Almost 90% of Britons bought something online in 2019. And with lockdown restrictions eating into valuable shopping time in recent weeks, many of us will once again be relying on a van to safely deliver Christmas to our front door this year. But how safe are these vehicles that are deployed onto the roads in their thousands to fulfil our orders? The answer is sobering – not only for the couriers themselves, but also for the motorists and vulnerable road users that share the roads with vans.
Nineteen of the UK’s favourite vans – representing 98% of new van sales in 2019 – have been independently tested as part of the world’s first Commercial Van Safety Rating. Vehicle safety experts Euro NCAP and Thatcham Research assessed the fitment rate and performance of the vans’ active safety, anti-collision technology.
The Renault Master, Nissan NV400, Renault Trafic, Vauxhall Movano and Fiat Talento all performed so badly that they were handed a ‘Not Recommended’ rating. Only Volkswagen’s Transporter, the Ford Transit and Mercedes-Benz’s Vito scored a ‘Gold’ rating, while five others were ‘Silver’ and another six ‘Bronze’.
Matthew Avery, Thatcham Research Director of Research, said: “This first batch of test results show the fitment of crucial safety technology on vans in woefully low.
“It’s a serious issue that needs addressing urgently, particularly with van numbers increasing and the continued surge in demand for home deliveries during the pandemic and before Christmas.”
Accident data highlights tech shortcomings
Vans are involved in more accidents that result in fatal injuries to other road users, per mile travelled, than any other type of vehicle on the UK’s roads. In the five years up to 2018, collisions involving vans were responsible for a 14% increase in the number of serious injuries to pedestrians, car occupants, and van occupants. Cyclist casualties also rose by 22%. Injured car occupants are 40% more likely to be killed or seriously injured when involved in a head-on incident with a van compared to another car.
Vans lag behind cars
Vans are almost completely devoid of the Advanced Driver Assistance Systems (ADAS) that have been proven to reduce accidents when fitted to cars. For example, only 12.8% of new vans were fitted with Autonomous Emergency Braking (AEB) technology as standard in 2019, compared to 62% of new cars.
“There is a definite lack of parity between the levels of collision avoidance technology on vans compared to cars,” Avery explained. “Modern cars have lots as standard, but vans have barely any. Brands are making a clear decision not to fit this important technology as standard and van operators are not even buying it as a cost option.
“The lack of parity even exists within the same manufacturers. Take Renault, for example. Its five-star-rated Clio has lots of standard fit Advanced Driver Assistance System (ADAS) technology that can save lives. But its Trafic van has practically nothing, not even as an option.”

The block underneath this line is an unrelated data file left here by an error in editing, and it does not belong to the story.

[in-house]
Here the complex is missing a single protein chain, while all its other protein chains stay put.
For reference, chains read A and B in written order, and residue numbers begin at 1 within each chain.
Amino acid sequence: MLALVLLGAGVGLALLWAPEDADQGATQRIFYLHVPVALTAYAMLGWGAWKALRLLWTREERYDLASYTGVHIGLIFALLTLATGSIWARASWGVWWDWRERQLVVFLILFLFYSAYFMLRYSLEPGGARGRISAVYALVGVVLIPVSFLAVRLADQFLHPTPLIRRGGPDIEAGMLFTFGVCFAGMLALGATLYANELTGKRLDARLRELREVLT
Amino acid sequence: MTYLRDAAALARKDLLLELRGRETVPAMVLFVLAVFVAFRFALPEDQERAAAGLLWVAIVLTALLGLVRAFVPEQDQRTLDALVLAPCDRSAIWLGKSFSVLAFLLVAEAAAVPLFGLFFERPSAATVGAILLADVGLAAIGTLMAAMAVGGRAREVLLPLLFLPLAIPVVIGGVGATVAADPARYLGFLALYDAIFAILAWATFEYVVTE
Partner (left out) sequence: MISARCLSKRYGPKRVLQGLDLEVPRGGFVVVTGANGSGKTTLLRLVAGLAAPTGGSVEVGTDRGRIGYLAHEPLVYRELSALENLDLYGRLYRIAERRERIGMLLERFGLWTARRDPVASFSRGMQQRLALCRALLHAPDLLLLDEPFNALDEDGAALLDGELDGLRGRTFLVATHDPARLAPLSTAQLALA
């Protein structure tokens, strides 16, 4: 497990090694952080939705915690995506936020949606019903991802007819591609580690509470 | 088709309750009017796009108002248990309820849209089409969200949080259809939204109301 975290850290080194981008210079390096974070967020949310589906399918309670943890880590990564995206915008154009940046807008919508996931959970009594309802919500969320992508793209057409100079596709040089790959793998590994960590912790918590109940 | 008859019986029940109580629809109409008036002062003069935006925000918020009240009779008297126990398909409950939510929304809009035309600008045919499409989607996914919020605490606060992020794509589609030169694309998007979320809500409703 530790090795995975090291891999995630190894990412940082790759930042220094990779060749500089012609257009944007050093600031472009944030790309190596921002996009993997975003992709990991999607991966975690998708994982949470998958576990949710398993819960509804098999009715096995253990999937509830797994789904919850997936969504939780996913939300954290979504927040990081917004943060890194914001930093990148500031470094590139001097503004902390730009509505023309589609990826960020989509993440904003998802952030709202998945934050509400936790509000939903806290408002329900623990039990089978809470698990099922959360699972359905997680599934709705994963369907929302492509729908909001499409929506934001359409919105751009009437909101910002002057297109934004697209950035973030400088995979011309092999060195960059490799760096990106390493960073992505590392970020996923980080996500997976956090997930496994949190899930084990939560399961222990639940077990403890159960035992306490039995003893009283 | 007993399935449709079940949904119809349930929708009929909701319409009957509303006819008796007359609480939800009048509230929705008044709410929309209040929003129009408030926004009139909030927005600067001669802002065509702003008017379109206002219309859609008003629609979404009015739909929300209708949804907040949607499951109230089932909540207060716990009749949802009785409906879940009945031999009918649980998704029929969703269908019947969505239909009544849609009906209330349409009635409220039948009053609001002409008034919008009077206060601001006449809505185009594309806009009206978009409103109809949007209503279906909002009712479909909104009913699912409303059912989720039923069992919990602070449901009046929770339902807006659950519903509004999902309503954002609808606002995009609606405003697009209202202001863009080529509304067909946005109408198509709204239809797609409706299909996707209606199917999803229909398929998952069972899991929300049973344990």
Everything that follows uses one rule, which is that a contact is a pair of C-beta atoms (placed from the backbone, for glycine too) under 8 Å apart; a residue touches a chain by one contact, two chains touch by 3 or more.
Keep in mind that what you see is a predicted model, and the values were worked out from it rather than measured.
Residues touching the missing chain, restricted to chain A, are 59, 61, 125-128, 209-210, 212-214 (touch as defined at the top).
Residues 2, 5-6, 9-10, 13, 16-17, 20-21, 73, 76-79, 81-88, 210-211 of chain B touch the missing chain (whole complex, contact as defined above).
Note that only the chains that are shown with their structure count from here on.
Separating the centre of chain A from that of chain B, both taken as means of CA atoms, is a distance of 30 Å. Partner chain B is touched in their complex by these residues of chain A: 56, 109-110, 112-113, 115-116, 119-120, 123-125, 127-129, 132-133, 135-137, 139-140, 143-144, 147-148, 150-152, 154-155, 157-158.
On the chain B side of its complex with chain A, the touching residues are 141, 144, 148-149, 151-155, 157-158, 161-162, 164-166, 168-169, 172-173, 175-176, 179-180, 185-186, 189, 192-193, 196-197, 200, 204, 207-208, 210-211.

Tried and tested
To highlight the extent of the problem and encourage wider fitment of ADAS technology, Euro NCAP and Thatcham Research have launched a new Commercial Van Safety Rating that assesses the performance and fitment of emergency braking, speed limiter, and lane support systems, as well as seat belt reminder technology. Safety tests will be conducted annually. In the first batch of tests, only VW’s Transporter – with a performance score of 65%, Ford’s Transit (63%) and Mercedes-Benz’s Vito (61%) earned a ‘Gold’ rating. Both the VW and Mercedes models are fitted with AEB as standard in the UK, proving lifesaving tech doesn’t always have to be a cost option.
Five other vans were rated ‘Silver’, and six were ‘Bronze’. The Renault Master (16%), Nissan NV400 (12%), Renault Trafic (11%), Vauxhall Movano (7%) and Fiat Talento (5%) performed so badly they were given a ‘Not Recommended’ rating.
Insurance Industry Welcome
The introduction of the new Commercial Van Safety Rating has been welcomed by two leading motor vehicle insurers along with Driving for Better Business. Martin Smith, Technical Claims Manager, Motor, Aviva, said: “Over the last few years great strides have been made in the development and fitment of ADAS safety features to passenger cars. These features help protect drivers, occupants and other road users by alerting drivers, and taking active steps to avoid or reduce the severity of a collision.
“Unfortunately, the adoption of ADAS safety features in the light commercial vehicle (LCV) van market has not been mirrored. Therefore, we welcome the launch of the new Commercial Van Safety Rating by Euro NCAP and Thatcham Research.
“We are confident the new Euro NCAP assessments of LCV’s will provide users and businesses with important safety information to assist them in buying safer vehicles and encourage commercial van manufacturers to fit more ADAS technology to their products. Ultimately, this can only be a good thing for the safety of all road users.”
Jon Dye, Director of Underwriting for Motor at QBE Europe, said: “We welcome the results of this study and Thatcham Research’s call to increase use of safety technology on vans. Making sure vehicles on the road meet certain standards and better utilise Advanced Driver Assistance System (ADAS) technology will help reduce accidents and improve road safety.
IE Comment; Given that online shopping is an integral part of life now, van manufacturers need to do more than simply launch a range of electric powered vans for city centre use, where politicians seek to ban all petrol/diesel vehicles.
However all those ADAS systems add extra weight, on top of a load full of packages and the heavy battery pack. Somehow physics has to square that circle, not politicians.